One of the issues with separating information by religious tradition is that it may complicate gaining a clear idea of the ebb and flow of the various religious currents swirling through China, as well as the artistic styles (materials, artistic conventions, aesthetics, etc.) prevalent at any given time. Since there is no overall timeline, the book’s division into periods might be unclear to readers with limited knowledge of China’s dynastic cycles. The periodization of the sections is somewhat inconsistent, making comparisons across religions challenging. For example, chapter 6, in the Confucian section on the medieval period, labels the chapter “Six Dynasties to Song Dynasty (220–1279).” In the Daoist section, the medieval period subtitle is “Tang and Song Dynasties (618–1279),” although more than a third of this chapter is devoted to the pre-Tang period (for a further discussion of the applicability of the term “medieval” to China, see Keith N. Knapp’s “Did the Middle Kingdom Have a Middle Period? The Problem of ‘Medieval’ in China’s History,” Education About Asia 12, no. 3 [2007]: 12–17).

In contrast to the periodization for the other religions, the chapter on early Buddhist art encompasses the medieval period (including a portion of the Six Dynasties), from 420 to 750, while the Tang Dynasty (618–907) is considered separately in its own chapter, without reference to any specifically medieval characteristics. This lack of uniformity in the divisions across the three sections, and thus the three religions, does not provide a strong structure for a comparative chronological framework.

For students and others new to this study, it would have been helpful for the author to step back slightly to suggest how to look at Chinese religious art and what to look for. This could include more information on styles that crossed religious boundaries. Generalizations would be preferable to detail about the original locations of objects. For example, in discussing Neolithic cultures to examine the origins of religious practices, Karetzky states, “Jade bi were also found in great numbers in Liangzhu graves: for example, Tomb M20 has over forty, and Tomb T23 has nearly three dozen” (19–20). While this type of information could be useful for some scholars, it doesn’t enhance understanding for more general readers. Instead, additional statements regarding the interaction of the streams of religious art would help clarify their connections, similar to this example: “Scholars often acknowledge the influence of Buddhist ideas of universal salvation or Confucian ethical and moral practices on Daoism during this era [early medieval], and such observations attest to the fact that the boundaries between the different ways of thought were often quite fluid” (174).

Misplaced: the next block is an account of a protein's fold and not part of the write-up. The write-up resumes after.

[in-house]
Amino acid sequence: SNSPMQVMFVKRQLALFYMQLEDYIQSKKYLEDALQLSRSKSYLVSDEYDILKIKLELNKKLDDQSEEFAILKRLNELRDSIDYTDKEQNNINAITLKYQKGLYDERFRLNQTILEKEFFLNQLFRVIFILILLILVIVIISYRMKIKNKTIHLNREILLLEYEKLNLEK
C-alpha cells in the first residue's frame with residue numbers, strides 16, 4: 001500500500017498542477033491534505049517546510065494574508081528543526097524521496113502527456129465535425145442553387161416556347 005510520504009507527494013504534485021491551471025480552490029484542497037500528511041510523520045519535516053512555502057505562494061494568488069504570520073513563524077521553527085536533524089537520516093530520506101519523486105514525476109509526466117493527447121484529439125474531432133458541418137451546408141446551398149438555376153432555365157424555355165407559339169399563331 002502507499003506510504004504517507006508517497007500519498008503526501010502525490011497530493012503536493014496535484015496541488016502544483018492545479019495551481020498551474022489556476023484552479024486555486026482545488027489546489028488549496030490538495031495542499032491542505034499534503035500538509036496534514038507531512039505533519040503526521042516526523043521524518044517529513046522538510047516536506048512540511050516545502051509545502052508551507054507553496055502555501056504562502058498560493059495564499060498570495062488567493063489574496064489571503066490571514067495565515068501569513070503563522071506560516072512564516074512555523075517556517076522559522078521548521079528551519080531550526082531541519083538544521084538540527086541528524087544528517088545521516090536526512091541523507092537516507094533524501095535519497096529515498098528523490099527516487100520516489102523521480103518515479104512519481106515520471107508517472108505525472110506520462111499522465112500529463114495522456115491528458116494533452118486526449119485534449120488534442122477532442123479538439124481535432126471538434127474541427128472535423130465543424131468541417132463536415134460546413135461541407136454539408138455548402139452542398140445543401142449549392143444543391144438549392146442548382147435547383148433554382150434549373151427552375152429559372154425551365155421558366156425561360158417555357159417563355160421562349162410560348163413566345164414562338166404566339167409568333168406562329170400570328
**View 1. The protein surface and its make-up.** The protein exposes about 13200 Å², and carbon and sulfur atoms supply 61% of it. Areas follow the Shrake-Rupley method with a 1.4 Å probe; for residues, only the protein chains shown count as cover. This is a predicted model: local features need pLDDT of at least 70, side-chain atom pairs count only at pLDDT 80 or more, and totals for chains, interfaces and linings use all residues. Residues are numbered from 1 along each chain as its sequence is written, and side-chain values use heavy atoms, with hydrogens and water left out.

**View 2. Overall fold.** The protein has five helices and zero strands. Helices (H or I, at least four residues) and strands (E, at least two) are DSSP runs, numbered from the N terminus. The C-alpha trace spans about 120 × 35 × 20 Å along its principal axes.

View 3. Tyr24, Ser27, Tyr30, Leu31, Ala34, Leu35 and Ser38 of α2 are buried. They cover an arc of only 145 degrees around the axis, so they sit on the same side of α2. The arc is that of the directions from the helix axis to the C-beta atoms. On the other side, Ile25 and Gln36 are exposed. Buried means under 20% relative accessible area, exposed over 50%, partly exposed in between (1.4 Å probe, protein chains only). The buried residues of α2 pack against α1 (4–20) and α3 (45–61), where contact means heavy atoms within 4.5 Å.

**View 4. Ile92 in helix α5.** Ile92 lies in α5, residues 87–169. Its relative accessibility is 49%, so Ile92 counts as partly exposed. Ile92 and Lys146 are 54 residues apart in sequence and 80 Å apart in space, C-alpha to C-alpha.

No matter how well an art book is written, it could be argued that its most enticing aspect is the illustrations. Such an opinion would hamper the appreciation of the finer qualities of this work. Obviously, a lot of scholarship went into this text, but it remains unsupported by its illustrations, which are particularly integral to books on art. The problem is not only that all the illustrations are black and white, but many included here have a somewhat-muddied appearance lacking contrast and clarity. This makes it difficult to see their details and therefore understand their importance. Additionally, there are no references in the text to the illustration numbers (unless the illustration is located in a different chapter), so matching the description of an object with its image may take some effort.

This work provides an admirably broad and deep range of information on Chinese religious art organized into a single volume, with many sources and sites included. Its organizational structure would lend itself to courses arranged to address an artistic tradition of a particular religion, but would be somewhat less easily adaptable for a more general survey class organized according to a straight chronological approach. Additionally, the information provided would need to be supplemented by clear images of illustrative objects. However, this should not be a problem, given the rich availability of imagery from many sources.

BENITA STAMBLER is the Asian Art Coordinator for The Ringling Museum of Art. For sixteen years, she taught courses on Asia at Empire State College, State University of New York.